How do you measure your MBA's ROI in 2017?

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When it comes to continuing your education, calculating the return on that investment isn’t as simple as determining your post-graduation salary and bonus-to-debt ratio.

Every investment entails risk, and every loss is mitigated by both short- and long-term consequences. For that reason, before you choose to defer two to three years of your life — and spend potentially hundreds of thousands of dollars — on an MBA, you need to ask yourself that simple question: “Why?”

The worth of the degree you earn is proportionate to how well any given MBA curriculum aligns with your own talents, habits, interests, values and goals. It’s easy to be attracted by the practical benefits promised by the MBA. (Who doesn’t want a future of steady career advancement, leadership opportunities and financial security?) But remember, the MBA is still a graduate degree, and to disregard the intellectual challenges you’ll have to meet in order to realize your professional potential is to set yourself up for failure.

Mitch Howe, class of 2017, put himself through some real soul-searching before he decided to apply to TCU’s Neeley School of Business. “I was working essentially two full-time jobs, serving as an assistant men’s basketball coach and academic advisor at a community college in Syracuse. After the honeymoon period in both jobs was over, I recognized that I wasn’t happy and didn’t think that continuing in higher education or in basketball was maximizing my skill set.” As an English major, Mitch missed being able to utilize his writing expertise. And, while coaching certainly allowed him to further develop his interpersonal and critical thinking skills, he realized his present circumstances would prevent him from pushing his diverse capacities and capabilities into a state of real synergy.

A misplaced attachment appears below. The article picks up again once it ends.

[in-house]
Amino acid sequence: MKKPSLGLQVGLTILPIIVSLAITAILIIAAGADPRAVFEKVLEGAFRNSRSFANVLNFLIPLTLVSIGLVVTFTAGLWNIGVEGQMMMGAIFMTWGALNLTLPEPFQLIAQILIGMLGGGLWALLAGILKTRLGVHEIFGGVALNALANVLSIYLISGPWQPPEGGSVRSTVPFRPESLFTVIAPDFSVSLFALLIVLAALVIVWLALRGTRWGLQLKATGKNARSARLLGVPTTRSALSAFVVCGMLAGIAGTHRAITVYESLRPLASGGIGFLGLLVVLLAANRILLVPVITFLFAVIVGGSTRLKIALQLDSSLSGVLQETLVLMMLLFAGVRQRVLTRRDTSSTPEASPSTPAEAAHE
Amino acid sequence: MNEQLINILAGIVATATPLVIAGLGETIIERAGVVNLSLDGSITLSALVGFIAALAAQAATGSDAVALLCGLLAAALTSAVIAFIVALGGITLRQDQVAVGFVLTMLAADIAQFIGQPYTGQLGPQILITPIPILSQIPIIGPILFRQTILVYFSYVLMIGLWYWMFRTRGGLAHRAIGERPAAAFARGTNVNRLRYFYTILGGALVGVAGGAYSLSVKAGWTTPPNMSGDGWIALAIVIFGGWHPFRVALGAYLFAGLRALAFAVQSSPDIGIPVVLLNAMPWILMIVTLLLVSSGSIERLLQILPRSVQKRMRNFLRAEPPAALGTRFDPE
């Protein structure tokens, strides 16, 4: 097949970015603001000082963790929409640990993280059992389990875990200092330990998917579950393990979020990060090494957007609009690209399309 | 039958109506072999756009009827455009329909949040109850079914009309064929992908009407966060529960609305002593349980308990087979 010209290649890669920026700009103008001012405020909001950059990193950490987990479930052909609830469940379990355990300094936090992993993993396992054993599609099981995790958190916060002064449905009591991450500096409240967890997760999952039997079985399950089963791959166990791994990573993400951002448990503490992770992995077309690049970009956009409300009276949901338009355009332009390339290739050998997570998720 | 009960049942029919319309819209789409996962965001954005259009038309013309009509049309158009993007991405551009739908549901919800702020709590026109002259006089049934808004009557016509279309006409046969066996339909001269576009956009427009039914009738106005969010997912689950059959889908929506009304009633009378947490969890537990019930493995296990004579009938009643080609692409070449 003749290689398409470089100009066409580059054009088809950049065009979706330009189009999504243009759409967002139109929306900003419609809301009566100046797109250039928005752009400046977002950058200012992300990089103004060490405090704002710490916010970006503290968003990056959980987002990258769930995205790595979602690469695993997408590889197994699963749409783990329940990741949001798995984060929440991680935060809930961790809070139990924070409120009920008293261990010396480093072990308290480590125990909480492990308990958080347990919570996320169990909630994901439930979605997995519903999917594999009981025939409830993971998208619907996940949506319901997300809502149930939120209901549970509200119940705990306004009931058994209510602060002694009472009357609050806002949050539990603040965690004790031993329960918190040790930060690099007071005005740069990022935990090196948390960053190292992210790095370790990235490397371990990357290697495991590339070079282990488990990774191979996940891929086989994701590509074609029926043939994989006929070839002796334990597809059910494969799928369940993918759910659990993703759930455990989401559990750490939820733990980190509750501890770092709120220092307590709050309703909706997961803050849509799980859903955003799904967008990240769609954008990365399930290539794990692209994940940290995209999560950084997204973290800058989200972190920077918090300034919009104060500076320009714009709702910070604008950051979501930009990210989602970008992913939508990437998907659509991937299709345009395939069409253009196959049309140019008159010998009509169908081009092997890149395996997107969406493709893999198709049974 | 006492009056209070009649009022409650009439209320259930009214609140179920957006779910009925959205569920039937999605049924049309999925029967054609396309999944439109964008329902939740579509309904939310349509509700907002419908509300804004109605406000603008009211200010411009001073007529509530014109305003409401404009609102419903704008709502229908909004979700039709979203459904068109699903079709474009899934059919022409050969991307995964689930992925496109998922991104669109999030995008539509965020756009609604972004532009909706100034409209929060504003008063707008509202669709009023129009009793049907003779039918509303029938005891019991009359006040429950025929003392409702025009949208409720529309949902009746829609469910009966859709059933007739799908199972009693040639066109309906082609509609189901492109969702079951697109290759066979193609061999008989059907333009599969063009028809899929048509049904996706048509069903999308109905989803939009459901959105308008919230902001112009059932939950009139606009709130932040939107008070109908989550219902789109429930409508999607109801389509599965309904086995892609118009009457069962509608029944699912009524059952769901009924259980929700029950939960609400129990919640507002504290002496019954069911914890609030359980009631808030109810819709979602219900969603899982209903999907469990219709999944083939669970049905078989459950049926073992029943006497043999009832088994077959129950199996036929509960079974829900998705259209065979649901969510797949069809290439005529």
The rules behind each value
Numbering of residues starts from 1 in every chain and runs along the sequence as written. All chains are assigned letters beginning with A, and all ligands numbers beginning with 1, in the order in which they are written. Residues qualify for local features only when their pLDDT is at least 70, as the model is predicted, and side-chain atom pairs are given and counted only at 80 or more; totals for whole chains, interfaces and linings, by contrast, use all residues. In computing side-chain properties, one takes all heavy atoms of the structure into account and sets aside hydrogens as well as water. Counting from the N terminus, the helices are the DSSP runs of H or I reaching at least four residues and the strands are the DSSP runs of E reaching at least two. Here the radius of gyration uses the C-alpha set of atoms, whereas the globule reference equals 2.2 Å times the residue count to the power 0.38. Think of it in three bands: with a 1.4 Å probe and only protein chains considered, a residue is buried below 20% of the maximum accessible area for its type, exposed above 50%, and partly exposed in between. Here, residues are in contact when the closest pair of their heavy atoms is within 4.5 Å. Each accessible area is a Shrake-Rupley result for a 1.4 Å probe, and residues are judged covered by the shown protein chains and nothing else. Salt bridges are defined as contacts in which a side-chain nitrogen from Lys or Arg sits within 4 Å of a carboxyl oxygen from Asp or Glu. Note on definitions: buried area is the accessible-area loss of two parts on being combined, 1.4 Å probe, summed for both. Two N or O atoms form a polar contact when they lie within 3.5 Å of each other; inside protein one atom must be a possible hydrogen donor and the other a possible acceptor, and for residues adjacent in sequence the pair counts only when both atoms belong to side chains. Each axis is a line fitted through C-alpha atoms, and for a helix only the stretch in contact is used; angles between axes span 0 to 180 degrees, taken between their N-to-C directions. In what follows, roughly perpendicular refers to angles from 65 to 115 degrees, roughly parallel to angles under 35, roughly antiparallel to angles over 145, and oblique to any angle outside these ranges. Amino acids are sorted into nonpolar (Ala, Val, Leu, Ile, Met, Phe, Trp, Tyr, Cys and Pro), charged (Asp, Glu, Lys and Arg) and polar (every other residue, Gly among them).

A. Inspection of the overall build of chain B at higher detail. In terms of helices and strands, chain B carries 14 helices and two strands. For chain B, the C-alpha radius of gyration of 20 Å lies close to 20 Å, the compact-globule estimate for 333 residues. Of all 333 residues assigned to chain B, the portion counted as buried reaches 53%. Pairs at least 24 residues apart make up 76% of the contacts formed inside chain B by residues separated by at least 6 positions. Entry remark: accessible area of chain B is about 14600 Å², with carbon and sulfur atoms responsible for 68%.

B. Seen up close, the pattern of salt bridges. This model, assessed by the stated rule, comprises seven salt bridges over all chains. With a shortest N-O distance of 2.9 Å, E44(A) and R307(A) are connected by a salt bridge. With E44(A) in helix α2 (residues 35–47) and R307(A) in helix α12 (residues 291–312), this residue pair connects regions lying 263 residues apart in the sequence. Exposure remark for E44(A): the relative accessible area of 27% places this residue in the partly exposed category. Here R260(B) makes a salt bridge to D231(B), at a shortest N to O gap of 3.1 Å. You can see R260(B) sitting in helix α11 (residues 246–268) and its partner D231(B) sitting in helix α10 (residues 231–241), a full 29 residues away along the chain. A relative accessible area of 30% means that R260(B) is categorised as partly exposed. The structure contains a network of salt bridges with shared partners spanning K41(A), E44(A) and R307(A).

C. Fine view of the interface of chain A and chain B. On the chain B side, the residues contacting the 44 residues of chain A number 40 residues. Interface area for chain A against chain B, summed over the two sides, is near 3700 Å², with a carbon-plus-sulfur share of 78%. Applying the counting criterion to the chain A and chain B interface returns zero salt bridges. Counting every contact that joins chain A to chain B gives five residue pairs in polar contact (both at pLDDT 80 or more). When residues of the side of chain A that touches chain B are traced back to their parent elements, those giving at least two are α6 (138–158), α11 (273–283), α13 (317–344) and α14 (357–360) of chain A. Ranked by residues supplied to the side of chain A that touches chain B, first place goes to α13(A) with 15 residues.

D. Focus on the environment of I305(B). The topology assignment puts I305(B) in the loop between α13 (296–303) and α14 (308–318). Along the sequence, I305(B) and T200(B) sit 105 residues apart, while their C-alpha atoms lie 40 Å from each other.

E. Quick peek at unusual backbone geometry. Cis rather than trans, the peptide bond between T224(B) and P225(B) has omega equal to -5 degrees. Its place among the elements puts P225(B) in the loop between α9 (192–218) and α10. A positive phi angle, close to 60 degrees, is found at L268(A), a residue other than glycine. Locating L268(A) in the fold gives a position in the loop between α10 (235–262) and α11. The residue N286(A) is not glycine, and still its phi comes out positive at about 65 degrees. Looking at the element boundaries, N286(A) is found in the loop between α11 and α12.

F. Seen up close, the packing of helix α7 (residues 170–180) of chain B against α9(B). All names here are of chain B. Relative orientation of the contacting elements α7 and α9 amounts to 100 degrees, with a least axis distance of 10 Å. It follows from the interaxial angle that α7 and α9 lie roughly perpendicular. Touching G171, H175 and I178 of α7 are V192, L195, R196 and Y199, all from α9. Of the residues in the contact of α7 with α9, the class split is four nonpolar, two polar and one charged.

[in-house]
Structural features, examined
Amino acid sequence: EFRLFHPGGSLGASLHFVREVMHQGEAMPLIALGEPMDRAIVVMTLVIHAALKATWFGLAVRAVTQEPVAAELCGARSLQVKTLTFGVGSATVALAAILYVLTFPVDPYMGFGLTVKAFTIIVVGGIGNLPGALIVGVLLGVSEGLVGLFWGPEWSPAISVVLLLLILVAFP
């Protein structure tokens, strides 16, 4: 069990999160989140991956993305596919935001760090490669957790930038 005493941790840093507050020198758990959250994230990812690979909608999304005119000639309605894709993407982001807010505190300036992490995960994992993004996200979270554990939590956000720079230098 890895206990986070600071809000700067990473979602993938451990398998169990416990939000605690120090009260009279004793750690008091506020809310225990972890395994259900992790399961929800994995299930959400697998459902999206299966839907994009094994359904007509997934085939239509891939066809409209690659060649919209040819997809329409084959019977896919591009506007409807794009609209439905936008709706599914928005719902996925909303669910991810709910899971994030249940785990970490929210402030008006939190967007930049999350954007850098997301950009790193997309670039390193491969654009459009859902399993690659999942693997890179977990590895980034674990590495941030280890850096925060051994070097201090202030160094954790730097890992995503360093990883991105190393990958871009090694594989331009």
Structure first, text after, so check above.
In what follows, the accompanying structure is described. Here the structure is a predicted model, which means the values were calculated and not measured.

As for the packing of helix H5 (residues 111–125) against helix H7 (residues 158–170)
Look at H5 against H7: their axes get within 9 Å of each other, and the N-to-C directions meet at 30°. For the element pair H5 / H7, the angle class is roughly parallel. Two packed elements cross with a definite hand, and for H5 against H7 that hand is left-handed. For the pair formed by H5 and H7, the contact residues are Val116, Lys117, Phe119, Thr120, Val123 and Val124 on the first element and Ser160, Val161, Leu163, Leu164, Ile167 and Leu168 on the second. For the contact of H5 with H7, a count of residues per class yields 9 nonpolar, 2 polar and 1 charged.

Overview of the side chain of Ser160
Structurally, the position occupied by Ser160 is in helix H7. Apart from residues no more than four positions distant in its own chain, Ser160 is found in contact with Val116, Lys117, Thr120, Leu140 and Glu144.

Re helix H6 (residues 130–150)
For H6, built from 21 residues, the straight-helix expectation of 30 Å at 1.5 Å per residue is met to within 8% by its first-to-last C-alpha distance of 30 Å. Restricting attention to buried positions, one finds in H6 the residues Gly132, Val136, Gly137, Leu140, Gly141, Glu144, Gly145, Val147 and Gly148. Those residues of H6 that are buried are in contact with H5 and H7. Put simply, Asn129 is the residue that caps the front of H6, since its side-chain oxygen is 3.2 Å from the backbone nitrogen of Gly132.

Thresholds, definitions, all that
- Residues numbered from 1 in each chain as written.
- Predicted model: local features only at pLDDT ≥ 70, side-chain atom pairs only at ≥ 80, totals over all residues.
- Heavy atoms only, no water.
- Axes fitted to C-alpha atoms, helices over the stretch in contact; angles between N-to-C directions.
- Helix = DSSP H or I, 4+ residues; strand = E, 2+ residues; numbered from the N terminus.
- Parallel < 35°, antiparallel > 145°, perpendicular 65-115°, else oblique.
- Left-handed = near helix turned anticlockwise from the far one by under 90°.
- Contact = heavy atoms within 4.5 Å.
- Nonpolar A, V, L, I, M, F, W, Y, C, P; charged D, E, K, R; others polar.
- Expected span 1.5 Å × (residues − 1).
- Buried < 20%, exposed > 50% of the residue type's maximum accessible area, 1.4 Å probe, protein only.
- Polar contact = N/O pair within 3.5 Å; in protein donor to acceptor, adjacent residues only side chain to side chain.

For Mitch, investing in an MBA meant investing in himself. “More than anything, my time at TCU has helped me develop a confidence that I didn’t have before. I’ve learned a lot of things that I didn’t know previously, and I’ve developed new ways to both find and present information, but easily the biggest benefit has been the personal growth I’ve undergone. It’s helped me figure out what I really value in a career, what my strengths are and how to make those strengths clear. That alone has been worth the cost of attendance.”

The statistics documenting strong the MBA’s ROI are extensive—and they’re compelling. In the past decade, salaries for professionals with an MBA have increased by approximately 10 percent. On average, full-time MBAs see a starting salary increase of more than 80 percent after earning their degree. Three out of four graduates agree that they couldn’t have secured their current position without their MBA. Surveys by the Graduate Management Admission Council (GMAC), which administers the GMAT and tracks various MBA cohorts from pre- to post-graduation, reveal that more than 95 percent of MBAs are extremely satisfied with the benefits they’ve accrued from their degree. 

Nevertheless, these statistics don’t tell the whole story. And the story of Mitch’s success is still being told. As soon as he graduates in June, Mitch will be joining a new team at IBM, working as a senior client relationship representative in the company's Summit program. Mitch’s MBA hasn’t just enabled him to change careers; his MBA has changed his life in ways he could never have anticipated.

“In 18 months, I’ve moved halfway across the country, held two internships, done a consulting project for Alcon Vision Care and served as the social media coordinator for the MBA program. I’ve traveled to South Africa, toured the headquarters at Twitter and, most importantly, met people who are going to be some of my best friends for the rest of my life, all because of the TCU MBA program,” he says.

Discover how you can expand your personal and professional horizons with an MBA from TCU. Request more info about the Neeley School of Business graduate program or apply now.

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